Sunday 20 May 2018
News ID: 38603
Publish Date: 19 April 2017 - 20:58
By: Kayhan Int’l Staff Writer
The United Nations says it is the Saudis and their allies. The UN is warning that the Saudi-led, U.S.-backed war on Yemen and its economic consequences are driving the largest food security emergency in the world.
According to UN Office for the Coordination of Humanitarian Affairs, over 17 million people are currently food insecure, of whom 6.8 million are severely food insecure and require immediate food assistance, and two million acutely malnourished children. The Yemeni population amounts to 27,4 million inhabitants.
As is, the Saudi-led, U.S.-backed air strikes and fighting continue to inflict heavy casualties, damage public and private infrastructure, and impede delivery of humanitarian assistance. The warmongers have created a vast crisis in which millions of people face tremendous threats to their safety and well-being, and the most vulnerable struggle to survive. Millions have been displaced, roughly 73 percent are living with host families, and 20 percent in collective centers or spontaneous settlements. A substantial numbers of returnees live in damaged houses, unable to afford repairs and face serious protection risks.
A reminder that the United Nations should demand the Saudis halt this dirty campaign, lift the illegal blockade, and pull back from all the territory they have occupied since the war began. The UN should impose sanctions on Riyadh if they refuse to do that. The world organization should also stop endorsing Saudi Arabia’s vicious position, which is bad for regional peace and security. This policy reversal could have huge effect on the ground in Yemen, because the international bullies are indifferent to civilian life and do not consider themselves subject to UN requirements.
It is time for the world organization to do its job, because Saudi Arabia is violating international law, and the United States is acting in a perceived self-interest that is distorted and unethical. The world organization must stand for justice and peace. That is what it was created for. It won’t be able to serve that purpose until it stops endorsing the Saudi position.
One more point: By its own admission, Riyadh is depending upon so-called southern fighters - another term for ISIL and Al-Qaeda militants - for ground operations, as Saudi forces have repeatedly failed to gain their desired objectives. In desperation, they have given ISIL the control of some southern territories - even though the terrorist network has committed mass atrocities and declared war against the kingdom itself.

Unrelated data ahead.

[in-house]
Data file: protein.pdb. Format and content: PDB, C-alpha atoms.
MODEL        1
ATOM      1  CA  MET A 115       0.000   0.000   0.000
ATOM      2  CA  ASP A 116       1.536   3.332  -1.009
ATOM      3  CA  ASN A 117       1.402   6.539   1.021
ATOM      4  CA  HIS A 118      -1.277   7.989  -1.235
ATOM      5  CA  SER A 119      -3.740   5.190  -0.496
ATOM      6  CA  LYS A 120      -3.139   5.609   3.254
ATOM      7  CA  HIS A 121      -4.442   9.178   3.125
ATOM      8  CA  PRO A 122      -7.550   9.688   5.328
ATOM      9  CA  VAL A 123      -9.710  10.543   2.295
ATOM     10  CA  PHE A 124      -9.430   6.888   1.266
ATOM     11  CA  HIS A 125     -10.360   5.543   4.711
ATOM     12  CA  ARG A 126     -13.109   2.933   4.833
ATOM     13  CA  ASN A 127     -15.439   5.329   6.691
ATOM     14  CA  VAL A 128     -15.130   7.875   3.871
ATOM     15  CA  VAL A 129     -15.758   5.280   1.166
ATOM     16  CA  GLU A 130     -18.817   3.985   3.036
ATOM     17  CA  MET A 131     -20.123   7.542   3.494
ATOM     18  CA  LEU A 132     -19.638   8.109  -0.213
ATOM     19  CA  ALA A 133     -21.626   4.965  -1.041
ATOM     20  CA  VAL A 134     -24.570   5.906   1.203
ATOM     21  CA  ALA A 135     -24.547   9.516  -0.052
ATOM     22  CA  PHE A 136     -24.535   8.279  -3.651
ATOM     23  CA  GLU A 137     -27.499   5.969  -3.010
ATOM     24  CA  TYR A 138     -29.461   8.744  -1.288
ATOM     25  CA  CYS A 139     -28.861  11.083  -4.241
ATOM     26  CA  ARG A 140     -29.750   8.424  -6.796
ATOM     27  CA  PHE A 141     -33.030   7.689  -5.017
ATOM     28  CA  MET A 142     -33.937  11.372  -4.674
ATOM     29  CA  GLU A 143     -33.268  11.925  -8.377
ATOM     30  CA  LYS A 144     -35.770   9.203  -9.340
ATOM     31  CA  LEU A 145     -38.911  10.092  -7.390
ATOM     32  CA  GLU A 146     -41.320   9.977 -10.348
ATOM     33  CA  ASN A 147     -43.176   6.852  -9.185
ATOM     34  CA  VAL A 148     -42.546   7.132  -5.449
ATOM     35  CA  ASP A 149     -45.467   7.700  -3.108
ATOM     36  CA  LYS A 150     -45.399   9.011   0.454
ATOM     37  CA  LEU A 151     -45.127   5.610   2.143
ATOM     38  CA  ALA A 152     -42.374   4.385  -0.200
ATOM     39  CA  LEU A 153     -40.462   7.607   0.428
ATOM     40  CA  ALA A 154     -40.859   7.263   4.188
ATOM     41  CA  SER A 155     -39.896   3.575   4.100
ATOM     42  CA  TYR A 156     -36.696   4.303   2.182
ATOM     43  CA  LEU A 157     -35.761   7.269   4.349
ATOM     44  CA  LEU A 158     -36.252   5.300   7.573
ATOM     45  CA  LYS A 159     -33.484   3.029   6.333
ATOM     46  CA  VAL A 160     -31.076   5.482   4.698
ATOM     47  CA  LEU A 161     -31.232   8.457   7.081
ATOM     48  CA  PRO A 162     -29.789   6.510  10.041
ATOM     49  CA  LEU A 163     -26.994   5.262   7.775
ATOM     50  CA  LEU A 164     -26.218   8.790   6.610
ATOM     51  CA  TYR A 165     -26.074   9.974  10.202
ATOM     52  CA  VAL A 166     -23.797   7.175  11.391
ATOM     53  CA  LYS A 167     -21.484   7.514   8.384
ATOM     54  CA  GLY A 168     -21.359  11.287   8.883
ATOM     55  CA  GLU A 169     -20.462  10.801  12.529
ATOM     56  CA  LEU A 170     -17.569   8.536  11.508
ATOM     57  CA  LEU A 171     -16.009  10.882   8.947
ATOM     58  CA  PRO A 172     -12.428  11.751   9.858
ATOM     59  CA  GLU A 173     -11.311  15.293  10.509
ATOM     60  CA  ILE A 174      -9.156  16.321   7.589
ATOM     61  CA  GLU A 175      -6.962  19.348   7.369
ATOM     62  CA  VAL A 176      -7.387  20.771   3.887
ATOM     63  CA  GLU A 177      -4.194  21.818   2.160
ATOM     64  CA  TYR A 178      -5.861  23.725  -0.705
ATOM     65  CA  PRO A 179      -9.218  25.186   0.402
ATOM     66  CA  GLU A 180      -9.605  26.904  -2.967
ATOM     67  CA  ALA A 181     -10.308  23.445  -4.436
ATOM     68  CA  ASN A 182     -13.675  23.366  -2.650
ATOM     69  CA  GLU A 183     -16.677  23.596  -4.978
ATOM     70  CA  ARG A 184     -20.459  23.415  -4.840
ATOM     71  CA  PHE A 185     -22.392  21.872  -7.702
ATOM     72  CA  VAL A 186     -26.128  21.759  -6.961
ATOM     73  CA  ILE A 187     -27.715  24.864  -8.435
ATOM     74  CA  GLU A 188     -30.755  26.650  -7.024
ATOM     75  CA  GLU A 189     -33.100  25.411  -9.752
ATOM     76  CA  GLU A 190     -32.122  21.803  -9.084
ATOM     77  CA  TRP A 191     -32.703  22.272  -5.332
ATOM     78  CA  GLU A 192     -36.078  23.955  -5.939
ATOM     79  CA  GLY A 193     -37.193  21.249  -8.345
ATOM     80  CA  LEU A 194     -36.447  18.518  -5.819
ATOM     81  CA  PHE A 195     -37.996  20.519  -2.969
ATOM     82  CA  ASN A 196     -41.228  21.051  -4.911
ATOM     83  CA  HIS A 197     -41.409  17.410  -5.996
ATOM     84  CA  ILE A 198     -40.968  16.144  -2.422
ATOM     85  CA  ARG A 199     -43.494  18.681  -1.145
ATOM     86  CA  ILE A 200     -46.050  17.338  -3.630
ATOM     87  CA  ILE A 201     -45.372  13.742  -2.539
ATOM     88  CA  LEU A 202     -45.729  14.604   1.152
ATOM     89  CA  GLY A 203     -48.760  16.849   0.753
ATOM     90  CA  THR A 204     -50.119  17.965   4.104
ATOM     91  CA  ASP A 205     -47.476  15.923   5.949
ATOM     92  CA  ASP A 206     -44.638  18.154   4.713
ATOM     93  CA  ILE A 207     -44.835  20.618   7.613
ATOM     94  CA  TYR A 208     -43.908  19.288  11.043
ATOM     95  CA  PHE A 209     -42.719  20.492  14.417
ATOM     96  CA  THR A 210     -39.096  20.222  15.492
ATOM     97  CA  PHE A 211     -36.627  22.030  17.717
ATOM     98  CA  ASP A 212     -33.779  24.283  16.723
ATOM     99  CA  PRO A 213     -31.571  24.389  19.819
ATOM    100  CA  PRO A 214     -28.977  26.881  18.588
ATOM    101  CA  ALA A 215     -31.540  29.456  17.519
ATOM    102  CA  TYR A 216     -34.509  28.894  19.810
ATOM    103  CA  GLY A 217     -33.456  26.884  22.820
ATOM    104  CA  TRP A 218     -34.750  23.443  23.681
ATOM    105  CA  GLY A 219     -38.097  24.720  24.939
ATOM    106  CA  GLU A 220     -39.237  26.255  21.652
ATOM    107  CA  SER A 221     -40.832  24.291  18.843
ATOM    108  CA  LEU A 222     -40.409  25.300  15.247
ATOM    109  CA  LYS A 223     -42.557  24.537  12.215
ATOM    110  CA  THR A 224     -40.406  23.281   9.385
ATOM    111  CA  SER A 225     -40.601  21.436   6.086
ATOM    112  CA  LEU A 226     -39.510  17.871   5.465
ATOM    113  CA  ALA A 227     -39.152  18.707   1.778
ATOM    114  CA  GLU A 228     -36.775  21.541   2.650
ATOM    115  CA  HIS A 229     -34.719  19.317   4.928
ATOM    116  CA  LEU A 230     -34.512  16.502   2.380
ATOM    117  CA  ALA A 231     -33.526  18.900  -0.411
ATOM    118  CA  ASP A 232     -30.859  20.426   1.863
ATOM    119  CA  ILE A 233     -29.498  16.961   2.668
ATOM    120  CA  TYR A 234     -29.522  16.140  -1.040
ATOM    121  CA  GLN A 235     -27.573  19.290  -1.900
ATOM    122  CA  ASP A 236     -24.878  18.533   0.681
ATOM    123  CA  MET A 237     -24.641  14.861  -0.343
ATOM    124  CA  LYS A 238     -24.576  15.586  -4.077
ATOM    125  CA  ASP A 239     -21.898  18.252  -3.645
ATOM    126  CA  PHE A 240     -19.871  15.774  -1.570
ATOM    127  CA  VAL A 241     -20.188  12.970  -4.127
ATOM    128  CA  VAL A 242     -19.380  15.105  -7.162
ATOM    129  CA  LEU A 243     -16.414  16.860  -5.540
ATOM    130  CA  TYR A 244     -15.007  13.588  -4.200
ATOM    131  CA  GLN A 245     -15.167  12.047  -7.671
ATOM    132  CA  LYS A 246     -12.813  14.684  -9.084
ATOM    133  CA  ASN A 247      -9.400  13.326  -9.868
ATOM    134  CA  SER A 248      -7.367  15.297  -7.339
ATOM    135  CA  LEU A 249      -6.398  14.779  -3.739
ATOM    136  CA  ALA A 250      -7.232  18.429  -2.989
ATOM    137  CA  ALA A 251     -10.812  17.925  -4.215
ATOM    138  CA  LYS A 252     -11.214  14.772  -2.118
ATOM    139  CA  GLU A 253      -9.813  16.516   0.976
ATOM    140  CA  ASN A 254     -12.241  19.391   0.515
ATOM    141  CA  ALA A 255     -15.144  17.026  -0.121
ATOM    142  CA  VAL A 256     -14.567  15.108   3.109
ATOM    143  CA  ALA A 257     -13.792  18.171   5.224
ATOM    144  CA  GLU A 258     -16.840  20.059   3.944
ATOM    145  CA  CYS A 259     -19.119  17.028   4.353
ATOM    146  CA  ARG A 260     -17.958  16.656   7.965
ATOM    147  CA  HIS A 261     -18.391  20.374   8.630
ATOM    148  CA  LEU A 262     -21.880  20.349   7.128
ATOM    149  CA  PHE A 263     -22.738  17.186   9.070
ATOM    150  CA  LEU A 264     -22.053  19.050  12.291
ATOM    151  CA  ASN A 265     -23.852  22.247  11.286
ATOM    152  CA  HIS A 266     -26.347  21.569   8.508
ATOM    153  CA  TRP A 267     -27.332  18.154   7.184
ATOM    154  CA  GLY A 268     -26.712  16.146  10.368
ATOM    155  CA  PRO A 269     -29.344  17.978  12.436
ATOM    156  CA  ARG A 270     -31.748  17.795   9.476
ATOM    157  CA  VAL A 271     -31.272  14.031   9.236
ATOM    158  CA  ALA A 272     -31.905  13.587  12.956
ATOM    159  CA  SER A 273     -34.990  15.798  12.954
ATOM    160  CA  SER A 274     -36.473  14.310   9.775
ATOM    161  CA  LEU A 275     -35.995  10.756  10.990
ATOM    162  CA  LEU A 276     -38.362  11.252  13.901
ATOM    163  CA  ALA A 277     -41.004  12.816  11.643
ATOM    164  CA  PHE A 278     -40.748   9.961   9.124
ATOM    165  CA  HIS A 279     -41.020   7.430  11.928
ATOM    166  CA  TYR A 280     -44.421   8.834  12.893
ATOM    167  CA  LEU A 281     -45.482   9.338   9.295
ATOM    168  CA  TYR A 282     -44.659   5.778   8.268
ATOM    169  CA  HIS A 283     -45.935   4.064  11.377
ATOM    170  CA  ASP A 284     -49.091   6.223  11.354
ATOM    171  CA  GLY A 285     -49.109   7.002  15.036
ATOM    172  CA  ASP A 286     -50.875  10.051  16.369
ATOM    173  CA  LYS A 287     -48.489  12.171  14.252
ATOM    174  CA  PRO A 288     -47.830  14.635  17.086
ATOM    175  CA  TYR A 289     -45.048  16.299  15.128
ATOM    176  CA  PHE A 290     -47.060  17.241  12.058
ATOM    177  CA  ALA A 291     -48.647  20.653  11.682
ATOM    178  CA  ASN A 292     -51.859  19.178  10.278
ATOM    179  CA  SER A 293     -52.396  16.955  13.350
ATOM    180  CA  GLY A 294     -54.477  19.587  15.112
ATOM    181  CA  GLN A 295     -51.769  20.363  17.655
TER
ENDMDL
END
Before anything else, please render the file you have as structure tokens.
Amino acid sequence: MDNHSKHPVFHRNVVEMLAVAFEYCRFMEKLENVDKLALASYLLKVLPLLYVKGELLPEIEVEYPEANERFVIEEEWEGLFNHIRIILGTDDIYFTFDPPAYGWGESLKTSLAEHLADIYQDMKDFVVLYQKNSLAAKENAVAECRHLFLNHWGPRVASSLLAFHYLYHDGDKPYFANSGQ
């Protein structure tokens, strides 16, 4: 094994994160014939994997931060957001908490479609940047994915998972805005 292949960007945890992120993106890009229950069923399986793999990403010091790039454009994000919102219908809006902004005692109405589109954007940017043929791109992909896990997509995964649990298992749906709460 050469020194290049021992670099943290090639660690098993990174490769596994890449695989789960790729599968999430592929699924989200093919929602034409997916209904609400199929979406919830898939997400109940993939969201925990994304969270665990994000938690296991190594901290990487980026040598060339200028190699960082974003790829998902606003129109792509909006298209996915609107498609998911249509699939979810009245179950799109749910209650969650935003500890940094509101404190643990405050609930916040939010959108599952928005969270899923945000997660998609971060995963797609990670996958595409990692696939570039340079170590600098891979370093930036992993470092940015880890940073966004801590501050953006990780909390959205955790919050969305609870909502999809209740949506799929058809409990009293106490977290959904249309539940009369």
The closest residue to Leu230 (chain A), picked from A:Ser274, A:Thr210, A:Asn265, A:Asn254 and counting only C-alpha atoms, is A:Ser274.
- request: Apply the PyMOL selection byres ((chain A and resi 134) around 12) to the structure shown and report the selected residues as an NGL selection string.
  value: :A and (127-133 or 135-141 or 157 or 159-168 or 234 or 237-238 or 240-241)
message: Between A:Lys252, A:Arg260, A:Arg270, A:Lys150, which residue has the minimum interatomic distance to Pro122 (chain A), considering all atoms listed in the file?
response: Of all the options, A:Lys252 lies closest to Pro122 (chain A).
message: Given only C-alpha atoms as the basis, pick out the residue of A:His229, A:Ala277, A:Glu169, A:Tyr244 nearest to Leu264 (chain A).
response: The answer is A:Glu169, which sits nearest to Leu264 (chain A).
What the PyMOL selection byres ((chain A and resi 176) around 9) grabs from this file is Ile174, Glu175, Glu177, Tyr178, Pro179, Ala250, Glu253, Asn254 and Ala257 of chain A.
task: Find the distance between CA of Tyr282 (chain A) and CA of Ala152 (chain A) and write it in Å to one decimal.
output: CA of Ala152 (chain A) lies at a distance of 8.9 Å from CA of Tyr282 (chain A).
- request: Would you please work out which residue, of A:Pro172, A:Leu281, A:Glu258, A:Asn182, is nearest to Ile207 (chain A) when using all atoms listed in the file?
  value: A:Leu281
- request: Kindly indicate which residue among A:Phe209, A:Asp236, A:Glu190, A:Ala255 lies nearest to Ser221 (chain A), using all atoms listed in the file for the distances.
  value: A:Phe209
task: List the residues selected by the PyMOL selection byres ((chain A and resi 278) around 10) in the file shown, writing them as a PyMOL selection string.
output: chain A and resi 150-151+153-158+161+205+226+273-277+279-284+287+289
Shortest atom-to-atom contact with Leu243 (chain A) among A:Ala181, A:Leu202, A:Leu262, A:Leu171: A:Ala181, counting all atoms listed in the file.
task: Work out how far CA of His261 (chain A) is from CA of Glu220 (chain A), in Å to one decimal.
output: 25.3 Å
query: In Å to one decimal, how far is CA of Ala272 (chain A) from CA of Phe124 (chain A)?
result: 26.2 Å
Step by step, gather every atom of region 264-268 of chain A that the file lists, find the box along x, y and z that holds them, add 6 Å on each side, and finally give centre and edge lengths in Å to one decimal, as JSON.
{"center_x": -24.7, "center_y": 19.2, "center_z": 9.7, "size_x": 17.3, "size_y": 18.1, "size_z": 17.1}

All this and more reveals the fact that the desperate war on Yemen is an impossible war to win. Despite announced victories, the warmongers have reached a dead end. The Saudis need ISIL and Al-Qaeda to stay the course, as a long war risks damaging their leadership and unleashing domestic dissidence. What’s more, they cannot divide Yemen or turn it into a strife-torn failing state, all the more so, because in their desperation to avoid another defeat after Syria, not only are they willingly supporting hated terrorists and extremists, but also drawing reluctant allies into the war zone.
Taken together, the future looks bleak for the House of Saud. Very few intelligent people today would accept that the unholy alliance of Saudi Arabia possesses any basic goodness at all. The complexity of the situation and multiplicity of actors, coupled with the division among so-called coalition members and their terror proxies, have undoubtedly exhausted the Saudis’ ability to leave the Yemeni quagmire in one piece. They have lost the war. What makes this so certain is that it exists at a time when the battle-hardened people of Yemen remain united in facing Saudi aggression and terror.

* Comment: